“When your body says, ‘Screw you,’ you say, ‘Screw you’ back!” These are the words of encouragement Coach Josh Rhoden bellows at his athletes during the conditioning circuit of wrestling practice.
Despite putting on performances they weren’t entirely happy with at the West Region Championship tournament, all 10 of the Cougar wrestlers qualified for the NJCAA National Wrestling Championship tournament in Des Moines, Iowa. This is an impressive feat considering that many schools don’t qualify a single athlete.
Come Feb. 27 and 28, the Clackamas Community College squad will be taking on the best community college wrestlers from across the country. Upwards of 40 schools will have athletes present, with each wrestler competing in up to five bouts over the course of the meet.
For these athletes, one thing is clear: wrestling isn’t just a sport, it’s a lifestyle.
“Football players can go have cheeseburgers, eat fast food,” said wrestler Adrian Salas. “But wrestling, if you’re cutting the weight you gotta buckle down. It’s not good for you or your body to eat unhealthy. Everything shows on the mat once you start wrestling. That food won’t work in your body. You have to eat right, make the right decisions.”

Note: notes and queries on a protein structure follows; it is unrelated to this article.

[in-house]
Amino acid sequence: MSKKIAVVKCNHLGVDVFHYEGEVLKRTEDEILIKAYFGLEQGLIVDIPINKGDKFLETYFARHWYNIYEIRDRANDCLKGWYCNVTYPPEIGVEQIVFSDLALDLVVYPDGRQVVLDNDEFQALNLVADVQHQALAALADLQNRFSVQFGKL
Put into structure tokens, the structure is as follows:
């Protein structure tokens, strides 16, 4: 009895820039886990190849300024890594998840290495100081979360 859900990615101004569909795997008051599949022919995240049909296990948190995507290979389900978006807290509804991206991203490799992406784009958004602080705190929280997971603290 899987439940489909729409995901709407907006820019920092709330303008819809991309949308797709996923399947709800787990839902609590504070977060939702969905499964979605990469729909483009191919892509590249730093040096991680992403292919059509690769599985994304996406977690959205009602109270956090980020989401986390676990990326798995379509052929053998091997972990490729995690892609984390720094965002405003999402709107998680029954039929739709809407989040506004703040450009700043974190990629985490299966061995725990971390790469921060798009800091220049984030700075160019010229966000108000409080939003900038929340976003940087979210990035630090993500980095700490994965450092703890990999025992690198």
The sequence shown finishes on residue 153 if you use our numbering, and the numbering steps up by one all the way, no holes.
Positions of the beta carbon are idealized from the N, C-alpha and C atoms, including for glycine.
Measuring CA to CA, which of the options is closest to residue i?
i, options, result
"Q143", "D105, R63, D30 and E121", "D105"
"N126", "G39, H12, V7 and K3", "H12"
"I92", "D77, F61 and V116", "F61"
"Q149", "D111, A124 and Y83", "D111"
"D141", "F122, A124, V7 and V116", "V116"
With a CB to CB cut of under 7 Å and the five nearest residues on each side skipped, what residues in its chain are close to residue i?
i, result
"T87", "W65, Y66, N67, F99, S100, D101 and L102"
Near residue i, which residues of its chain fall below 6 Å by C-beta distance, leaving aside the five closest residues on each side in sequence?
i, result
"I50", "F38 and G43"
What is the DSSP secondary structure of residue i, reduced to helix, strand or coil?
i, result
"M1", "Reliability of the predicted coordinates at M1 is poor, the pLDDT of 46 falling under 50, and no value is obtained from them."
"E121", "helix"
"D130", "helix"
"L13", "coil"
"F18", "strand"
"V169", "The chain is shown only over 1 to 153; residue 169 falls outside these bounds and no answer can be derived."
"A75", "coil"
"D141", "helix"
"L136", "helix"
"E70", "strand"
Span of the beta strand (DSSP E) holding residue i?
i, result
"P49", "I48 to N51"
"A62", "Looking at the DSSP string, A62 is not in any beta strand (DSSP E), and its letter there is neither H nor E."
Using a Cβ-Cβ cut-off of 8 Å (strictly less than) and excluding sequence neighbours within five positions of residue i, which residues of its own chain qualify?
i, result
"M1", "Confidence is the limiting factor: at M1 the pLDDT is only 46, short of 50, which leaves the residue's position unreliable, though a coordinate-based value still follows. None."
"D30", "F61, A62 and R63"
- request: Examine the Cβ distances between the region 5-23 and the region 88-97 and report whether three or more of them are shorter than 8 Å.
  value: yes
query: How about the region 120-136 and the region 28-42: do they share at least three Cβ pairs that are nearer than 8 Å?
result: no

Salas won the California Division 1 Athlete of the Year title his senior year of high school for his exceptional performance in both football and wrestling before deciding to come to Clackamas last year.
Each wrestler has a designated weight class they compete at and the day of the match you aren’t allowed to be over that weight. That means that all season wrestlers are watching everything they put in their bodies, running several miles every day to shed the pounds, even sweating out the final 5-10 pounds of water weight in a sauna before the weigh in.
For instance, Ihoghama Odighizuwa wrestles at 197 pounds the day of the meet, but when you see him walking around campus you can count on him to weigh between 210 and 220 pounds.
After the battle with weight, a wrestler still has an opponent he has to go out and physically battle; it’s a constant grind. The willingness to embrace the grind is why wrestling breeds a different kind of athlete than other sports. The mental and physical toughness of a wrestler is second to none.
Embracing the grind is what being a wrestler is all about.
“When you’re pushing hard and you wanna give up…You like getting pushed to that limit,” said wrestler Chris Garcia. “You like going the extra mile. That’s what it means to me.”